Which is a good argument. However, there are oodles of poorer Republicans that fit the articles descriptiont that quite simply are skeptical. They're not the least bit convinced said companies will really come here to do business. They're not at all convinced that said companies won't continue to employ Chinese laborers at 1/10 the price, pocket that sweet tax break, leaving the working class Republicans watching as the CEO's and major stockholders hide money in offshore accounts.
Well, I'm a poor Republican.
I have 4 kids. I work 40 hours a week @ 10 buck an hour. My kids all have health care through the state, otherwise they'd have none. I have healthcare through my work. My wife has none. We don't have a bunch of extravagant extras, like stereo systems or computers. (I post from work or the library.) We are on food stamps, and they help out a LOT. We do not eat out, and we don't got to movies or blow extra money on crap like junk food.
Even though I hate what it costs everyone, I don't want social programs removed, but I DO want better controls on them...like NO ILLEGAL ALIENS getting welfare, food stamps, or state-sponsored health care. That'd save a lot of money.
Also...you don't work, you can't get anything.
I hate living like this. I am trying to find a better-paying job, but I was a dummy back 20 years ago and didn't finish college.
That's my story.
I don't undestand how anyone agrees with taxing the rich to give to the poor. For pete's sake, they worked for and it's their money!
You can sum up the answer to your question with one word: Trust. There are countless people on both sides of the fence who quite simply don't trust private sources to be there.
And of course as always, the article fails to acknowledge that the Rats obsession with gun control has played a major role in pushing lower income voters to the Republican party . I think Klinton's gun control initiatives were the worst thing that ever happened to the Democratic party .They just don't get it .
It sounds to me as though you're doing everything within your power to stay afloat, and my hat is off to you. I don't begrudge you a dime you get. I hope that soon you won't need assistance, but until then, I'm glad it's there for you and your family.
I wouldn't mind my trash being picked-up only once a week--in fact we could go back to doing it like we did when I was a kid---we had a trash barrel and burned it!!! LOL
I see your point, but I think if people could see a list with the CRAP that our taxes are going for, I think a lot of us would pick quite a few "luxuries" that we could do without---I dare say, if we cut just the "pet projects and pork" like having every single govt. building in West Virginia being named for Robert Byrd, the programs that most people consider necessary like Social Security wouldn't be the problem that they are now...
There you have it: it's all about values.
David Brooks is not a leftist. He's the new token conservative on the NY Times op ed page.
It's called resentment, plain and simple. A great example is a buddy of mine, who's wife needs some major dental work. They have insurance, but what insurance doesn't cover is still a fortune to them, so they're spacing her dental work out with some done this year, and a 6 month wait and some done next year. Now, pay attention, this is where the resentment grows and festers. They see that people on either side of them don't have this difficulty. The upper class can easily afford such things. The lower class gets it free. They on the other hand work hard, and suffer for it. In ways, they'd be better off poor and they know it.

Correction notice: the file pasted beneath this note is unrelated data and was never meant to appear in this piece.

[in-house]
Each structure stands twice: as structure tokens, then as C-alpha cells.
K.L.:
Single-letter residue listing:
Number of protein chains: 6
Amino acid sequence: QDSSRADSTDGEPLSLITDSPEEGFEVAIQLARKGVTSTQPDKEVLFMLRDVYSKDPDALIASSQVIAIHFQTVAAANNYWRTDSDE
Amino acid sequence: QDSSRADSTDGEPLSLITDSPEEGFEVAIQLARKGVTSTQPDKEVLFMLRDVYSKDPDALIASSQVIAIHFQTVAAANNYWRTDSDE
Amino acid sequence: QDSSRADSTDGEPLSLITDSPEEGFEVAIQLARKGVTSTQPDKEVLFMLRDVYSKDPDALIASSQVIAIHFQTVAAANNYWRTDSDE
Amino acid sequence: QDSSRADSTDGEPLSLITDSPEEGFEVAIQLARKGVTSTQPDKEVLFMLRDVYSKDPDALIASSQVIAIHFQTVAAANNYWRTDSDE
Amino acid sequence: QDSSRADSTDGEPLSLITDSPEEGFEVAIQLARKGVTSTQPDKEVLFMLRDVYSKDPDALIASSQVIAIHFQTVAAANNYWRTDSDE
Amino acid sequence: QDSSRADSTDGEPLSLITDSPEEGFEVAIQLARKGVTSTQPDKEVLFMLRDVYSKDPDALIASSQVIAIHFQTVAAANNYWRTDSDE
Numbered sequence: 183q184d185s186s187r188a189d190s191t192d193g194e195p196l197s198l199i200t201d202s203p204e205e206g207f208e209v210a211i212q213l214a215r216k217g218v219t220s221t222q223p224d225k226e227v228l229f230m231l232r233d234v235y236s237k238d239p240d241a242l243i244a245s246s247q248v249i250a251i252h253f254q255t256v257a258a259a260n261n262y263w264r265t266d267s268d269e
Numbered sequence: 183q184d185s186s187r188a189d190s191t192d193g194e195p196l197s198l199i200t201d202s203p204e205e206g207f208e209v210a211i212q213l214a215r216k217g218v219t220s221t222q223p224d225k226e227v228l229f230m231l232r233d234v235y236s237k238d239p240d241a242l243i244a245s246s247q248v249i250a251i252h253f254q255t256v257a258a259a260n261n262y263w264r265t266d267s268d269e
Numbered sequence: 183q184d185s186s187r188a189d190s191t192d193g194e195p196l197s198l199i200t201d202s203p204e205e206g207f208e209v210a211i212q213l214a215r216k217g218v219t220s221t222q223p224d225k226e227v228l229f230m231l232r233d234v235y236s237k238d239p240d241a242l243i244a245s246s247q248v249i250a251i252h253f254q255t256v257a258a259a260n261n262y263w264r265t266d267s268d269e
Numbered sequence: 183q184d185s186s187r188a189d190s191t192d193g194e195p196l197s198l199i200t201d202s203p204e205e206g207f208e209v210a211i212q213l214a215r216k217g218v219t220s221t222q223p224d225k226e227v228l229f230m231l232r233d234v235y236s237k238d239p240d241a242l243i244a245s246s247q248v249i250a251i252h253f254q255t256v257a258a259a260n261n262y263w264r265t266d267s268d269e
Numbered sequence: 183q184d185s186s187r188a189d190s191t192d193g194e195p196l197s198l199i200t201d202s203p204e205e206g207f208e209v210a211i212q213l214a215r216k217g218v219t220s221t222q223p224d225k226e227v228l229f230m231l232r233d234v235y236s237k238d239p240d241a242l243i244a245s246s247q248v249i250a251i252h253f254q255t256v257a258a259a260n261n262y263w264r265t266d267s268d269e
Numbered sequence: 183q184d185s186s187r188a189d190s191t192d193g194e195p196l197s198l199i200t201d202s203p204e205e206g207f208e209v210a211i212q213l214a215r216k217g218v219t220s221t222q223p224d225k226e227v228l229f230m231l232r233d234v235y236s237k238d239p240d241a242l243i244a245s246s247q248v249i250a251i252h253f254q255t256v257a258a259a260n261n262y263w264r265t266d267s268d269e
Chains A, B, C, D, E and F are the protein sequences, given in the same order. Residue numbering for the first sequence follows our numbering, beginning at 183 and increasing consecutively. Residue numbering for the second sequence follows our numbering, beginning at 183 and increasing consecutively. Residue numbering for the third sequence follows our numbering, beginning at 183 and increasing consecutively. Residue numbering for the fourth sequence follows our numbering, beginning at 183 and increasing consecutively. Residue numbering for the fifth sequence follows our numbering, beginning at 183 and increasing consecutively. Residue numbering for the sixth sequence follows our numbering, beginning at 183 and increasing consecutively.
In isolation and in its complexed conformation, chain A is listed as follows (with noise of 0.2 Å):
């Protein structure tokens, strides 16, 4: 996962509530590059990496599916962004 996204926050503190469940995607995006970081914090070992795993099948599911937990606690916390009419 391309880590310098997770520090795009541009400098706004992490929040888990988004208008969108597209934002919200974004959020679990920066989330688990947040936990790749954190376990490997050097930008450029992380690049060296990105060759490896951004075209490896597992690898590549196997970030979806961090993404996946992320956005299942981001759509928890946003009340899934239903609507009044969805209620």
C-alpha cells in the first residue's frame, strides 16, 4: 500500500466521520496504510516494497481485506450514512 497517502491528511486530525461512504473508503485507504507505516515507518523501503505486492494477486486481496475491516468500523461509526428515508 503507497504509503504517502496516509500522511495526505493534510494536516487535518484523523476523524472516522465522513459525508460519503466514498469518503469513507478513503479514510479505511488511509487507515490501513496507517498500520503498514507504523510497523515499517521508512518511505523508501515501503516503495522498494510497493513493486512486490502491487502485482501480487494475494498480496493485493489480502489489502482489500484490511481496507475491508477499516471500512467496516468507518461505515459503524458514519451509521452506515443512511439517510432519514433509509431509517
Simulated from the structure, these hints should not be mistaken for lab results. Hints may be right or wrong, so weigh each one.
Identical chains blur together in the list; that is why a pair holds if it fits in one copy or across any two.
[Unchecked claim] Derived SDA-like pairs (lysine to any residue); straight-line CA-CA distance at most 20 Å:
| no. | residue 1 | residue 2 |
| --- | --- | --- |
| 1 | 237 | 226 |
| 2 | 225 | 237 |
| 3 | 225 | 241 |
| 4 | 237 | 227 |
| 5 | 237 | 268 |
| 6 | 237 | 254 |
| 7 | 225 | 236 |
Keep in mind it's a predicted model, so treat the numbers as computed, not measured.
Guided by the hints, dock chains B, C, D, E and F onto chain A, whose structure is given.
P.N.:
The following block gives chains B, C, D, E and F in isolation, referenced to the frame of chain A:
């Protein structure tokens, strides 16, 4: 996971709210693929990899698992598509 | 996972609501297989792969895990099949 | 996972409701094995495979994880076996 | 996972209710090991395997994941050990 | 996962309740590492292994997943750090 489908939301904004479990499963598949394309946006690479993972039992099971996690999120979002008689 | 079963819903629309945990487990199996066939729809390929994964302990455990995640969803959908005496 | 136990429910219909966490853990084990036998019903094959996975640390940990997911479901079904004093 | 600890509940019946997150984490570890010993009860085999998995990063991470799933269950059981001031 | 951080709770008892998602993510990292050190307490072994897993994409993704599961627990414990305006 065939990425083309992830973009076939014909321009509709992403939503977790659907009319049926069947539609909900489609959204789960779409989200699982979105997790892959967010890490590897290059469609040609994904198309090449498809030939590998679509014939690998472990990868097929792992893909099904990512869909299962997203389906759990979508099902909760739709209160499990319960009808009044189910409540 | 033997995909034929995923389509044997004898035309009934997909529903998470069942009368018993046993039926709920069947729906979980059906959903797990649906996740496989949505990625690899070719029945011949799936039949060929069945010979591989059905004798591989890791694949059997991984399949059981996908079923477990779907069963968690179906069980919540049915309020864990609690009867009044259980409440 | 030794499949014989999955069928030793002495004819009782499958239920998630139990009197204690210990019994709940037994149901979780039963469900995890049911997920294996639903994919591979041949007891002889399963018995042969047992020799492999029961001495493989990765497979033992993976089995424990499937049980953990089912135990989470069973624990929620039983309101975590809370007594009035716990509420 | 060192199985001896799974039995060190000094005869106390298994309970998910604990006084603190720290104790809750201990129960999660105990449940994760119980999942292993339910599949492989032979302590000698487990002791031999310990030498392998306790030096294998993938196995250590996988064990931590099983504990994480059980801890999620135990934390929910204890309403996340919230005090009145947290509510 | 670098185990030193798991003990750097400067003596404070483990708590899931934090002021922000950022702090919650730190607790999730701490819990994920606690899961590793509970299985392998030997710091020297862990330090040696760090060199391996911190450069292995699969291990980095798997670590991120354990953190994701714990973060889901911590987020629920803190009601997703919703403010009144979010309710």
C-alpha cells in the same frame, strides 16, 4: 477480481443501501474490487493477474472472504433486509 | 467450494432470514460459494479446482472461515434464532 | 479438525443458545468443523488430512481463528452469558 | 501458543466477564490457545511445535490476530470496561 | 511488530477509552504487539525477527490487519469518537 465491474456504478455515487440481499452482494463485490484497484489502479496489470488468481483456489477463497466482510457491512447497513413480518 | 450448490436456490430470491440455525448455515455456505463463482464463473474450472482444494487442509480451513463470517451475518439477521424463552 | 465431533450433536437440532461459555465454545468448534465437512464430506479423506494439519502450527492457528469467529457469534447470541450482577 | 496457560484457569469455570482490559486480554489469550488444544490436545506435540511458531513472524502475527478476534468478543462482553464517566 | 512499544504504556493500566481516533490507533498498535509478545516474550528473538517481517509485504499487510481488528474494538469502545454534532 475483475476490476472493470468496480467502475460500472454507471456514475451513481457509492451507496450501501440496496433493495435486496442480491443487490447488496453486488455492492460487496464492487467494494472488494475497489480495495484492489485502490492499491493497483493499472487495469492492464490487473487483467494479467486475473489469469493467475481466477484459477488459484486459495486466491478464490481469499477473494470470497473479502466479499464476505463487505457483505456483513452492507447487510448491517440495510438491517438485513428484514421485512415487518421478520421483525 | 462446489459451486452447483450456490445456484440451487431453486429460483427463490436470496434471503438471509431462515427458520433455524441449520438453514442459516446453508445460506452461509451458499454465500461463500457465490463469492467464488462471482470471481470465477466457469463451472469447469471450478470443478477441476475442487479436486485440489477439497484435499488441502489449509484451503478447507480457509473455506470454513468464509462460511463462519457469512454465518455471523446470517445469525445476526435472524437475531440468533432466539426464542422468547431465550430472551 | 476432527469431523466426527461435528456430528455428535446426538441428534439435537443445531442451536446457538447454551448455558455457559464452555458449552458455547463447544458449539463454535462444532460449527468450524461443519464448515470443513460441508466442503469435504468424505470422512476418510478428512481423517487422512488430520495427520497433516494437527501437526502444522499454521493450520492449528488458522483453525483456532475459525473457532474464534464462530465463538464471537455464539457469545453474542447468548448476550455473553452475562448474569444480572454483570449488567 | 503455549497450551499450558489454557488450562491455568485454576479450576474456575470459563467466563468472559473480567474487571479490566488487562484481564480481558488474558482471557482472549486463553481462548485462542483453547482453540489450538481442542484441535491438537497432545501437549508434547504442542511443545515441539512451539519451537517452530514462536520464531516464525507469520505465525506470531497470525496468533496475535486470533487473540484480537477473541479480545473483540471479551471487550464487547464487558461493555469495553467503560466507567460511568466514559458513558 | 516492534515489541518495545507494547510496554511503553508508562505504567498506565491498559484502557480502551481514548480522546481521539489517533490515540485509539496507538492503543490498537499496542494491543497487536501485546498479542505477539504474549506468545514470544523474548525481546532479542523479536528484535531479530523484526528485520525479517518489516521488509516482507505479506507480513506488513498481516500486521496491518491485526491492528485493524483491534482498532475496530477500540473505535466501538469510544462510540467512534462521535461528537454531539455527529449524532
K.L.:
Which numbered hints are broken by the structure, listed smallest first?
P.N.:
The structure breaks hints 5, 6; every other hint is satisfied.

And you are absolutely right. A point I never, ever tire of making is that the social conservative is the child and grandchild of New Deal Democrats and the grandchild of William Jennings Bryan Populists. He flatly does not trust the morals of big business and wants a government that will stick up for him instead of looting this country to the benefit of multinationals.
We live in a society in which zip code indicates your income. The blue collar Republican does not live in the same town as the rich pro-business Republican. He knows the rich pro-business Republican can just wall himself away from the problems he faces every day. He knows the rich pro-business Republican will never send his own son to war, can move his money offshore, and reeks of free traitor callous indifference to people like him.
As far as loopholes are concerned, could you give me an idea of what loopholes you are talking about. I see a big distinction between a 'loophole' that allows a company to keep money it has earned via a reduced tax rate versus a subsidy that is given to the corporation by the gov't from others earnings. I am in favor of the former as I would be in favor of any tax cut, while I am against the later which I actually see relatively little of going on
I truly hope your situation improves. This country has the social programs as you've outlined to help those in need, but they should not be a long term way of life. Everyone needs a hand once in a while and I don't begrudge anyone that. I totally agree that there has to be tighter controls on these programs, illegals SHOULD NOT be allowed to have access to these programs, however I fear that they know how to play the system better than any of us!
Exactly. And now with an ever increasingly frequency, we're even witnessing this corporation renigging on things like pensions. I don't think even a lot of freepers understand the shock that goes through the working class communities when something like that happens.
Thanks. I am doing the best I can, and someday I won't need any help from the state. Of that, I am sure. And once that happens, if I can help it....NEVER AGAIN.